Saturday, April 27, 2013

A New Beginning

My ICSE examinations ended on the 20th of March. It has been only over a month now, but it feels like another lifetime. 20th March was the last time that I went to the school that I had been going to under duress for the past twelve years. Unsurprisingly, there was not even a twinge of remorse in my heart. I was hugely relieved to be leaving that accursed place at last. Wild horses will not be able to drag me back there again, once I have collected my ICSE marksheet.

As soon as ICSE ended, I had to get busy with my admission in class eleven. I had applied to one renowned girls’ school in Kolkata, and their admission process began right after ICSE. During that period, we had to run back and forth between Kolkata and Durgapur half a dozen times. I had applied only to one school, and fortunately I got admitted there itself. After returning to Durgapur, mother and I packed our bags for the final time, and went away to start our new life in Kolkata on the 10th of April.

This was the first time that I was living away from home, away from daddy. So one can imagine what a hard time I had adjusting in the new environment for the first few days. But there were a lot of things that needed to be done, so I could not spend too much time being sad. We have a flat in Kolkata. It is a new flat, and had been quite bare and unfurnished. The first week or so was spent only in buying furniture and tidying up the house. Naturally, we found that we had brought more books than anything else from home!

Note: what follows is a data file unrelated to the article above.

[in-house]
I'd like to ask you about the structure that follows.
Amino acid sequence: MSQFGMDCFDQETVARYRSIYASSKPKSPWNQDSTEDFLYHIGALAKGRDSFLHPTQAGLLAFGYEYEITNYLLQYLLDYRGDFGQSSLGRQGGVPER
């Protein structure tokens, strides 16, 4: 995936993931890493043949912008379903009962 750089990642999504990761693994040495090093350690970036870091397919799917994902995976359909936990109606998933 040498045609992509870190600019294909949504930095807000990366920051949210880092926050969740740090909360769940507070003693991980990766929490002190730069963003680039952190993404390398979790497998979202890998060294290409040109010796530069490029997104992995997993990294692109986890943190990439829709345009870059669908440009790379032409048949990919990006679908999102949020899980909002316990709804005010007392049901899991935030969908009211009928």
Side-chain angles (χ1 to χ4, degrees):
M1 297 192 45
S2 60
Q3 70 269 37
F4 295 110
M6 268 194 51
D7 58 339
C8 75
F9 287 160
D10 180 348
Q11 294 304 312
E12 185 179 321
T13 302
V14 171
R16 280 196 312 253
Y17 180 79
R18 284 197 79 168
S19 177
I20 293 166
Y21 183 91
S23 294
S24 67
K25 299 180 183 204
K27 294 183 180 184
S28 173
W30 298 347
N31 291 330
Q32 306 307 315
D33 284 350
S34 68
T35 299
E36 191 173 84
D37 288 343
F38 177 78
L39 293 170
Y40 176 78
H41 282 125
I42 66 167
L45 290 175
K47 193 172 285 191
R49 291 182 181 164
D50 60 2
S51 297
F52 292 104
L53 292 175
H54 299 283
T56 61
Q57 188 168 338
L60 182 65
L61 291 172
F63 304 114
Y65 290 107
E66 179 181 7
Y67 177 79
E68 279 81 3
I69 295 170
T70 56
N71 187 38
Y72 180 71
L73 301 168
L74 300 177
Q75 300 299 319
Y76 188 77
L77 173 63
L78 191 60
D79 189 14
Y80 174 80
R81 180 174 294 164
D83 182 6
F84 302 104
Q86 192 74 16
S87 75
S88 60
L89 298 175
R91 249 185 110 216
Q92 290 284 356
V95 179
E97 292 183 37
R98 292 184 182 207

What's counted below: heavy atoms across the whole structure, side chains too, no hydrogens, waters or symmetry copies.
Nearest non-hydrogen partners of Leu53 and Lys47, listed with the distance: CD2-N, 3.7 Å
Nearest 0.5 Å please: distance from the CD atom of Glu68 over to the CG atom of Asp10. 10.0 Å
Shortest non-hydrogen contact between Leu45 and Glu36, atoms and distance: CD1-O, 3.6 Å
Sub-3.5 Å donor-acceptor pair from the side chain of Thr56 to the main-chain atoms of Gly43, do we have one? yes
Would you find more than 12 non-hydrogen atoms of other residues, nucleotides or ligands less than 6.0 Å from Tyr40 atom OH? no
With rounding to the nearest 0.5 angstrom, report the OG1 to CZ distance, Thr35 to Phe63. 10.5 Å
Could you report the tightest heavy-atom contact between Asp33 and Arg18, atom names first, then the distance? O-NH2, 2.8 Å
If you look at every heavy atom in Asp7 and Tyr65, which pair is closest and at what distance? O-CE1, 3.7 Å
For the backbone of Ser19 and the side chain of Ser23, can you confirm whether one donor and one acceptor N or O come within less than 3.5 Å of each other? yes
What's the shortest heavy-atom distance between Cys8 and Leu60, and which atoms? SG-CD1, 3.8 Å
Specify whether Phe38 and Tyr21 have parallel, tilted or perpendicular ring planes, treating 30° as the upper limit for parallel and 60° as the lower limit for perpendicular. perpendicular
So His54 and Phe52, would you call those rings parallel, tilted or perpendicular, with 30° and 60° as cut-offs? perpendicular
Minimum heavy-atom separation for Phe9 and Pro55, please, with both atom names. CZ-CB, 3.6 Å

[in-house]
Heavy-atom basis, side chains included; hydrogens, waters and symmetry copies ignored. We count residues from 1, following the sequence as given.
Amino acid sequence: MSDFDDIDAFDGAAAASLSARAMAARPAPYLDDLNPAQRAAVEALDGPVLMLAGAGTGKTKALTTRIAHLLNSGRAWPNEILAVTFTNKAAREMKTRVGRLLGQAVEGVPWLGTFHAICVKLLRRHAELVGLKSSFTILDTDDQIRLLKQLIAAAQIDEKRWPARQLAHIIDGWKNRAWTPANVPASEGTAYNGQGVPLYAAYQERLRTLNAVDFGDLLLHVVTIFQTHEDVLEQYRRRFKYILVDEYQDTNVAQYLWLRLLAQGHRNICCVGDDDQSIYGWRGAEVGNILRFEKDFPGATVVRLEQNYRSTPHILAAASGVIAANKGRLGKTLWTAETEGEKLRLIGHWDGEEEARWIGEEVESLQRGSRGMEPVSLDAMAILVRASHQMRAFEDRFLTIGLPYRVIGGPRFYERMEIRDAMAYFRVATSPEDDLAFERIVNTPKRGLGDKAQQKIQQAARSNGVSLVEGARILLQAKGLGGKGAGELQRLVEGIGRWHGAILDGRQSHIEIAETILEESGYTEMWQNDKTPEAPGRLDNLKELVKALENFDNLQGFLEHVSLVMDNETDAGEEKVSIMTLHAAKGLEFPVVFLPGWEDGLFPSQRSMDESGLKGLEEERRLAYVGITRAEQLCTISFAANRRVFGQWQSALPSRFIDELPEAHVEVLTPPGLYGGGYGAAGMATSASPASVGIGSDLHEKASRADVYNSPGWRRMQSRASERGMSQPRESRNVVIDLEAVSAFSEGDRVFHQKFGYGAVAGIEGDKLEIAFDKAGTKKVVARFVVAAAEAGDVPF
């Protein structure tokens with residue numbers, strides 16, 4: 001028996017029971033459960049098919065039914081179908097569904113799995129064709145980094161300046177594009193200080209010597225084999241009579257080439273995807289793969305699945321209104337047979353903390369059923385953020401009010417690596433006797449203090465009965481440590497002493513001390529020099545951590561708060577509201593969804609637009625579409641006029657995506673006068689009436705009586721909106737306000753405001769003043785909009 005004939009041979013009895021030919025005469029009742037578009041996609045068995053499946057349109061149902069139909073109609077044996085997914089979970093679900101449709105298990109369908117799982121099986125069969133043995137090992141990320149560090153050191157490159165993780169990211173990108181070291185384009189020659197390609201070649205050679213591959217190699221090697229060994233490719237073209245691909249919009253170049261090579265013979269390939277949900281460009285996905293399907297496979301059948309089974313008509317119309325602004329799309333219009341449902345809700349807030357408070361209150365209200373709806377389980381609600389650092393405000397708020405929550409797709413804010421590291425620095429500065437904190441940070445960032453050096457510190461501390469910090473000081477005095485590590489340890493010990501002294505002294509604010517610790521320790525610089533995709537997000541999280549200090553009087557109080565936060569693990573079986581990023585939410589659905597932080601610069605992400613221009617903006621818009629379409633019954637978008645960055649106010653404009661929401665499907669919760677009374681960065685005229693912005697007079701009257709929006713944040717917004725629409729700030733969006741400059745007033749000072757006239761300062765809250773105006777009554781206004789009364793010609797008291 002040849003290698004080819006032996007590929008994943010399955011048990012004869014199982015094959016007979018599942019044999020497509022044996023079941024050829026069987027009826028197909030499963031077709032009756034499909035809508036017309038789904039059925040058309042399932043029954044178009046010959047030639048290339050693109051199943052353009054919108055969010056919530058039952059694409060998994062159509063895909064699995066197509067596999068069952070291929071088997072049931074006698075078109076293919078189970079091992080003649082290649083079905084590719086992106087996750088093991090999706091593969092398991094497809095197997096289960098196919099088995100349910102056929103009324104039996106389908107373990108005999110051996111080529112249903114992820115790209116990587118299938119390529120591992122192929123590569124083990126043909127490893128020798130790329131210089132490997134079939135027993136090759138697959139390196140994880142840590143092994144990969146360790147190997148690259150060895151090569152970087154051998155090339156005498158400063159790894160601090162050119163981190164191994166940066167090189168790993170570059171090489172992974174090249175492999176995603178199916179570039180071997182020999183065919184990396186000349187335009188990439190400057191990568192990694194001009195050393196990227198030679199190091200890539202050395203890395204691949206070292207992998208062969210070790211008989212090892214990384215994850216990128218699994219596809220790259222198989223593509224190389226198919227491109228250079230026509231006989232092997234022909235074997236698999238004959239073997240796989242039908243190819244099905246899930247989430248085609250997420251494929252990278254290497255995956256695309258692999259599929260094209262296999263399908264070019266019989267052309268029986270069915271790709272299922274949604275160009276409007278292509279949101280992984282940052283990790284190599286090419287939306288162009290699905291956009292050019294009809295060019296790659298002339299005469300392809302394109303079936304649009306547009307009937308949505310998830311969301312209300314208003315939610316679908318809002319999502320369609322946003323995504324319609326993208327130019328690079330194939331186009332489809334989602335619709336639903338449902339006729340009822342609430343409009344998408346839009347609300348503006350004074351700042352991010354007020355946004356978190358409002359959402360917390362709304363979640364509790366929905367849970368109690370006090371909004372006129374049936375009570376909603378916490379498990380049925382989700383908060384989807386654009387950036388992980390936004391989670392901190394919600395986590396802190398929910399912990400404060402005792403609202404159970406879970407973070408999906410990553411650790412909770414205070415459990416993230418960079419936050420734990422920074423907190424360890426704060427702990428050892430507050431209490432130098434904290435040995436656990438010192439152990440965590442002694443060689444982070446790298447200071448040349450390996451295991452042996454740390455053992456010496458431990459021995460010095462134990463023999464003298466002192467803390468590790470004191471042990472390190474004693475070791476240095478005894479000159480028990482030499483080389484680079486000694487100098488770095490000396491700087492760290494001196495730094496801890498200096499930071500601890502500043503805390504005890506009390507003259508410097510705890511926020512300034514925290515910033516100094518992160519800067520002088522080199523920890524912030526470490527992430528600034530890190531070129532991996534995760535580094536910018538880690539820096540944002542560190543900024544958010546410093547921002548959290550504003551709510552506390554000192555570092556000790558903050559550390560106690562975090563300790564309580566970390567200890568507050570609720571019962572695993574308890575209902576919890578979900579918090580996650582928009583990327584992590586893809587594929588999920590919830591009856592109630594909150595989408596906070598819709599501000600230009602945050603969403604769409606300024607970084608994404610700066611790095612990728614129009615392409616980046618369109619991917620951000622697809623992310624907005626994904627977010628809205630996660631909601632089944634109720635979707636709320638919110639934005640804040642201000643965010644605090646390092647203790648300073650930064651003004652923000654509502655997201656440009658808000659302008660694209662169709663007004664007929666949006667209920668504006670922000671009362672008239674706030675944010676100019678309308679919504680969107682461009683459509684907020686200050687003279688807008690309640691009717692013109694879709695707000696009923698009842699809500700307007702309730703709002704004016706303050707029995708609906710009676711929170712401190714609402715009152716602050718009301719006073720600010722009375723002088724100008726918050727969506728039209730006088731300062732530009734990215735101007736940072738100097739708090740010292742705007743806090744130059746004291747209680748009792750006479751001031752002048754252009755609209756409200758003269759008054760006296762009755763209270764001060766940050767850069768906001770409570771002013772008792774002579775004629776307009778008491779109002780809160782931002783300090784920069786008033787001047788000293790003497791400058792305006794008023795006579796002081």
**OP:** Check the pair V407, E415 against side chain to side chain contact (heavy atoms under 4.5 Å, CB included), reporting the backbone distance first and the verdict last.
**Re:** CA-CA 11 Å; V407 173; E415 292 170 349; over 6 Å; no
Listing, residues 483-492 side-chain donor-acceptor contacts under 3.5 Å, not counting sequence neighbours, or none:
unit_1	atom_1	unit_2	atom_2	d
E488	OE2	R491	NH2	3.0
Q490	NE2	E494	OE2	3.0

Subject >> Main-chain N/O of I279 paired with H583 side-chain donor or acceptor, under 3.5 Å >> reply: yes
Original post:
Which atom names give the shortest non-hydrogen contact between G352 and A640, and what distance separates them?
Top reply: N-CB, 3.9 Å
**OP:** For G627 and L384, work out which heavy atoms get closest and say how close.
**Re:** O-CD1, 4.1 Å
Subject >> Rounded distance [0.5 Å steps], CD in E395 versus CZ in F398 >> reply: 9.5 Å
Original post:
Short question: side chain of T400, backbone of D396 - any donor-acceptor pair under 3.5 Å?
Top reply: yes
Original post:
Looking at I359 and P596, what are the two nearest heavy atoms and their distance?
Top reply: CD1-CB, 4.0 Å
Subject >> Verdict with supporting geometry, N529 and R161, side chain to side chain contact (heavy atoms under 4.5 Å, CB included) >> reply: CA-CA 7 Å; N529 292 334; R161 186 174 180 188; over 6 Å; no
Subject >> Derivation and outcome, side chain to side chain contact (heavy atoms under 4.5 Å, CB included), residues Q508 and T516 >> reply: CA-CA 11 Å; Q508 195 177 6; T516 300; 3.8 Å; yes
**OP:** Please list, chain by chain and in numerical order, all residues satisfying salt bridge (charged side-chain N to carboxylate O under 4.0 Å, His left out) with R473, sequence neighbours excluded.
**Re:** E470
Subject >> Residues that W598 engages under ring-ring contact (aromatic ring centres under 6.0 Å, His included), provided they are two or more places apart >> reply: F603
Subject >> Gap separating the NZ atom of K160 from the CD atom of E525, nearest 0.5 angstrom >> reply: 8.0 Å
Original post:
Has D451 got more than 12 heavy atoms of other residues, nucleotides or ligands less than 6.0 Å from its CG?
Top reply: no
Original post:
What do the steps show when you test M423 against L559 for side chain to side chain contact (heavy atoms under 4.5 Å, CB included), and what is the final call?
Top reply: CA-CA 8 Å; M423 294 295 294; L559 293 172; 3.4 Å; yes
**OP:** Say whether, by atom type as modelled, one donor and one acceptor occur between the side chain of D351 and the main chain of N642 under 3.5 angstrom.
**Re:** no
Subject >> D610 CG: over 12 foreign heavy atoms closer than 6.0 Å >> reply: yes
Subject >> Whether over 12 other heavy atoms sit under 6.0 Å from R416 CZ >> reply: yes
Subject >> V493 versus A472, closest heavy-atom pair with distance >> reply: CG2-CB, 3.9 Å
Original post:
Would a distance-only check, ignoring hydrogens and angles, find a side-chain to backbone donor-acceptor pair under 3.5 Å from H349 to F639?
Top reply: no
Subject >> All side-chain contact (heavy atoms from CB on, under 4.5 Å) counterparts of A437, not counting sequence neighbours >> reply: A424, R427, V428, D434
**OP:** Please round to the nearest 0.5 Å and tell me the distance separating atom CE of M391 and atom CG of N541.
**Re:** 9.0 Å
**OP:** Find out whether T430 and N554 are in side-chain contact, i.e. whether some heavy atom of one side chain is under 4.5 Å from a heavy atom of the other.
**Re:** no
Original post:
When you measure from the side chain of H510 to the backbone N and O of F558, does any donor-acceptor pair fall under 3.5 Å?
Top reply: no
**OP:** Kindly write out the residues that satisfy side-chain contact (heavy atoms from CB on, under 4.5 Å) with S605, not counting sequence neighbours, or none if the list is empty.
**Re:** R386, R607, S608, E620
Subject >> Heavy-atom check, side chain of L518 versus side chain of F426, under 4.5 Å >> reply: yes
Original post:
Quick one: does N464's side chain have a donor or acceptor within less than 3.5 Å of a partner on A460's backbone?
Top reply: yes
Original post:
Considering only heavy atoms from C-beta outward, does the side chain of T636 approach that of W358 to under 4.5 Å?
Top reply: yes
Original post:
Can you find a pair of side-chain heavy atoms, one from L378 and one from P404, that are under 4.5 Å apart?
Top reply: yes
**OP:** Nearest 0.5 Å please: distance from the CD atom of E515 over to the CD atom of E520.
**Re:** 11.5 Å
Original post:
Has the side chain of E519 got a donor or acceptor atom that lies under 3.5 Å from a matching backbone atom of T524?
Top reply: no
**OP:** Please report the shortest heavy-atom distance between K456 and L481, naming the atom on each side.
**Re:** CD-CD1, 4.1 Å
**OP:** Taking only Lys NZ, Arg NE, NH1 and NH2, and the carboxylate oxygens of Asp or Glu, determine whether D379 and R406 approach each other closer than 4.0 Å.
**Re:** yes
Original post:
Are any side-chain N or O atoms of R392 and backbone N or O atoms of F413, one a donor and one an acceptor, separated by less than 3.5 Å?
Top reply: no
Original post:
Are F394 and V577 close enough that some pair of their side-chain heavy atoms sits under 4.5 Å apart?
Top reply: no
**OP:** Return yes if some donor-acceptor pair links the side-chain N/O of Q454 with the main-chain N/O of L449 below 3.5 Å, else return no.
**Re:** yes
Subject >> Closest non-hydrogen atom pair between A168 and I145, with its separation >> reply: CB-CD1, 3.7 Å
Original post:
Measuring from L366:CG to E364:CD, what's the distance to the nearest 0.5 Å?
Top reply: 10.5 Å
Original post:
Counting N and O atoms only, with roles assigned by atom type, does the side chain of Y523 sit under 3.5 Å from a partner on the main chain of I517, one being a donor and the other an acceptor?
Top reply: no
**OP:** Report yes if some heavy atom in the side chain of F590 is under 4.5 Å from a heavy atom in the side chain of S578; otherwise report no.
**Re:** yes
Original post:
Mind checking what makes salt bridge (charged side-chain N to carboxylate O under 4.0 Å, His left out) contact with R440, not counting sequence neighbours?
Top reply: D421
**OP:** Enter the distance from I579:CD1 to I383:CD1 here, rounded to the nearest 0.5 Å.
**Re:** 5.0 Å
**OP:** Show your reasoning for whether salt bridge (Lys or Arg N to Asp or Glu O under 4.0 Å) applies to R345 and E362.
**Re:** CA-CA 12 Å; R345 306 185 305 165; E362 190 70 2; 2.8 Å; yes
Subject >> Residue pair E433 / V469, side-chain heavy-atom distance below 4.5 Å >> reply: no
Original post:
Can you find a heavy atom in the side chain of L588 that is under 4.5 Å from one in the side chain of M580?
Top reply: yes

Then we had to buy new school books and the new uniform. My new school has a very smart uniform. Side-pleated blue skirt, pink striped shirt that does not have to be tucked in, and laced black shoes with white ankle socks. I was lucky that the regulation shoes were actually of a sort that is worn by boys, because, big-foot that I am, back in my old school I always had to get those girly buckled shoes especially made for me by the shoe-makers! The new books were exciting, and also a little intimidating. There is this common belief among idiots that students of Humanities and Commerce do not have to study much. For them classes eleven and twelve are basically fun and games. I always knew this to be a myth, yet it was only when I got my own books that I realized just how big a lie that is. For someone who only wants to scratch up a pass-mark, there is not much of a load. But if someone wants to do well, studying the Arts involves putting in lots of effort and out-of-syllabus reading. My school offers a wide range of elective subjects for the plus-twos. My own electives are not strictly Humanities-based. It is in fact a cross between Humanities and Commerce. I have opted for History, Literature in English (that’s besides compulsory English), Business Studies and Economics. My third and fourth electives are mainly theory-based, so learning by heart covers most of the syllabus. But with History and Literature in English, I am increasingly finding myself looking up all sorts of reference works and background detail on the net and in books. I know I am one of only a handful of girls in class who are doing this, but I’m sure we’ll get the reward for our extra effort in the form of wider, more in-depth understanding of the subjects and better results during examinations.